This is a fungus with antioxidant properties. In the classic sense, it may not be an adaptogen but contains adaptogenic and immune-enhancing properties. Cortisol has been observed to regulate cortisol levels and oxidative stress. A study on rats showed that cordyceps helped to slightly raise the cortisol and testosterone levels in healthy male rats, giving them an edge in protection from physiological stress.

Maitake Mushrooms

The maitake mushroom has a bird-like appearance and is also known as the 'hen-of-the-woods' in Europe and North America. It is a traditional medicinal mushroom used to improve spleen and stomach health and help calm nerves. It has adaptogenic qualities that allow people to cope with and recover from stress.

The mushroom also contains polysaccharides that could help feed the gut flora, which is essential for digestive health. It also supports immunity and may help manage blood sugar and cholesterol levels.


This is a well-known adaptogen, with the Asian ginseng (Panax ginseng) variant being considered the most potent. Panax ginseng has evidence of successfully improving feelings of calmness and some aspects of working memory performance in young adults. The active components in ginseng are ginsenosides, which possess adaptive capabilities for promoting innate and acquired immunity.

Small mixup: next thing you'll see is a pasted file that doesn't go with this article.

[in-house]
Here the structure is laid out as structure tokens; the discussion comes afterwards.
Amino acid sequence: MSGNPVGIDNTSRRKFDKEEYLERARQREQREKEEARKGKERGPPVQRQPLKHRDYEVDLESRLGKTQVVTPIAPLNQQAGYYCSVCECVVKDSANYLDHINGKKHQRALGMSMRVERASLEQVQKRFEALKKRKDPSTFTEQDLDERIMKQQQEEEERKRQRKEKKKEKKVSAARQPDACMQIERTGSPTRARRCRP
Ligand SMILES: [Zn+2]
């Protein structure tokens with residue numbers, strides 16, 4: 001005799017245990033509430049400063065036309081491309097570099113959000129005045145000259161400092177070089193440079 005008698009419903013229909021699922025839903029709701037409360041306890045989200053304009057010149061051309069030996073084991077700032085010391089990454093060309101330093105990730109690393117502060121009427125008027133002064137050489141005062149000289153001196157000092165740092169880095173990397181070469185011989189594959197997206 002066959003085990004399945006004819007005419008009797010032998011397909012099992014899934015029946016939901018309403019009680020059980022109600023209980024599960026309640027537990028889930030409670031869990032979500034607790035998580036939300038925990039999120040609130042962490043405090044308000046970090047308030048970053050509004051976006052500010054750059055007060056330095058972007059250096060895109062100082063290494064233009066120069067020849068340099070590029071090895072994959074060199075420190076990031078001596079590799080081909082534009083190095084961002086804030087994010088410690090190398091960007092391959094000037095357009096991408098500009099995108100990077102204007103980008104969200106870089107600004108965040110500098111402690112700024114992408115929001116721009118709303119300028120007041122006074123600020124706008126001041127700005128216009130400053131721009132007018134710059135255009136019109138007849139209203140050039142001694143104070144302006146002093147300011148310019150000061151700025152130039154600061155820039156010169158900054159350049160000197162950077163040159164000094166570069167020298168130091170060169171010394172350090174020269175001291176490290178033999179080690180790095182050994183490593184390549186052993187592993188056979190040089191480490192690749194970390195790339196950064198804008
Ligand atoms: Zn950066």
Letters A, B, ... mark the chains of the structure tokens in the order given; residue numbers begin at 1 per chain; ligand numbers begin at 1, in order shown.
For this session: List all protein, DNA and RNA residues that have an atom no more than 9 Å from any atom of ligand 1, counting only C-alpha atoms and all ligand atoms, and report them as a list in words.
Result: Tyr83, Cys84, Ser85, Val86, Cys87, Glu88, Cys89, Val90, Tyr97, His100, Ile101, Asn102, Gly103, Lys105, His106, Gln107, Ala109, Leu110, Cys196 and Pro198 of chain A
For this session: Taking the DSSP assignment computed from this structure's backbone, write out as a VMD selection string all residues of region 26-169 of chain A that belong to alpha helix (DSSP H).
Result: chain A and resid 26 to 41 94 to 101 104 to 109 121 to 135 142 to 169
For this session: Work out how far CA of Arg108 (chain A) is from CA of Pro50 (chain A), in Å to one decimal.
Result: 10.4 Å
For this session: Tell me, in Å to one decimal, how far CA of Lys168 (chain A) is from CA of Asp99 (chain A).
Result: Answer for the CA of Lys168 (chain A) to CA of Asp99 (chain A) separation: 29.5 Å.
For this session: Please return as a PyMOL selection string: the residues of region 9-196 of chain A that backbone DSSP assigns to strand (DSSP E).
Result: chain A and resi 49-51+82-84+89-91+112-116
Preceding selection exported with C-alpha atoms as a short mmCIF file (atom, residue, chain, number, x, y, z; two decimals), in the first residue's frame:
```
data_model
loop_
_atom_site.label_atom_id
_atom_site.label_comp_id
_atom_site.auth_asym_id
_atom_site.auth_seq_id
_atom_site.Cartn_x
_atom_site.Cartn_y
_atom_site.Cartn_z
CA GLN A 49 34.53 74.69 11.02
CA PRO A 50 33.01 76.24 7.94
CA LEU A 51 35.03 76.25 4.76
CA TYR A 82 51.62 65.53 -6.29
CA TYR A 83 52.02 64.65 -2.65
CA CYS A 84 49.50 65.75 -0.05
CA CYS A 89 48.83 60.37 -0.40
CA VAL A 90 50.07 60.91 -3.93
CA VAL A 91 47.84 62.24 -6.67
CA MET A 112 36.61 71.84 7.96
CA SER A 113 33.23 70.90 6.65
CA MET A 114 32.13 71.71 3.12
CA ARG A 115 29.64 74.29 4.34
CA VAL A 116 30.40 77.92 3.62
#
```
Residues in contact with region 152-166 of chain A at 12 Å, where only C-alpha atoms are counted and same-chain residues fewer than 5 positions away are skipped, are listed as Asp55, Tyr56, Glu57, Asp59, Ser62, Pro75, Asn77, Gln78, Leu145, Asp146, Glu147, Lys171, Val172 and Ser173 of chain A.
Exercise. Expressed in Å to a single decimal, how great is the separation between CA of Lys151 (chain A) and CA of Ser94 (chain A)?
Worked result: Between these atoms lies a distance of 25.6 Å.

Maca contains 19 amino acids, phytonutrients, vitamin C, and minerals like zinc and calcium. Traditionally, it has been used to boost sexual health and improve energy. This adaptogenic root hails from the Andes mountains in Peru, where it has been cultivated for over 2000 years for culinary and medicinal purposes. 

Historical Use of Adaptogens

The rich history of adaptogens goes back to the birth of Traditional Chinese Medicine and Ayurveda around 3000 BCE. But although the use of adaptogenic herbs and plants is thousands of years old, the term adaptogenic debuted in 1947 when Soviet toxicologist Nikolai Lazarev used it to describe substances that may increase stress resistance. His definition was based on research that came out of World War II. Soviet pilots were given adaptogens to improve their endurance in harsh conditions, and they seemed practical. 

Nikolai was on a quest to concoct the ultimate, all-natural performance tonic to help the Soviet Union during the Cold War. Initially, he started his research with chemical substances but later was influenced by his colleague, Israel L. Brekhman, to switch to plant-based medicine. Together, the two conducted more than 1000 clinical studies that led to the widespread use of eleuthero amongst the USSR population, including athletes and cosmonauts preparing for the 70S and 80S Olympics.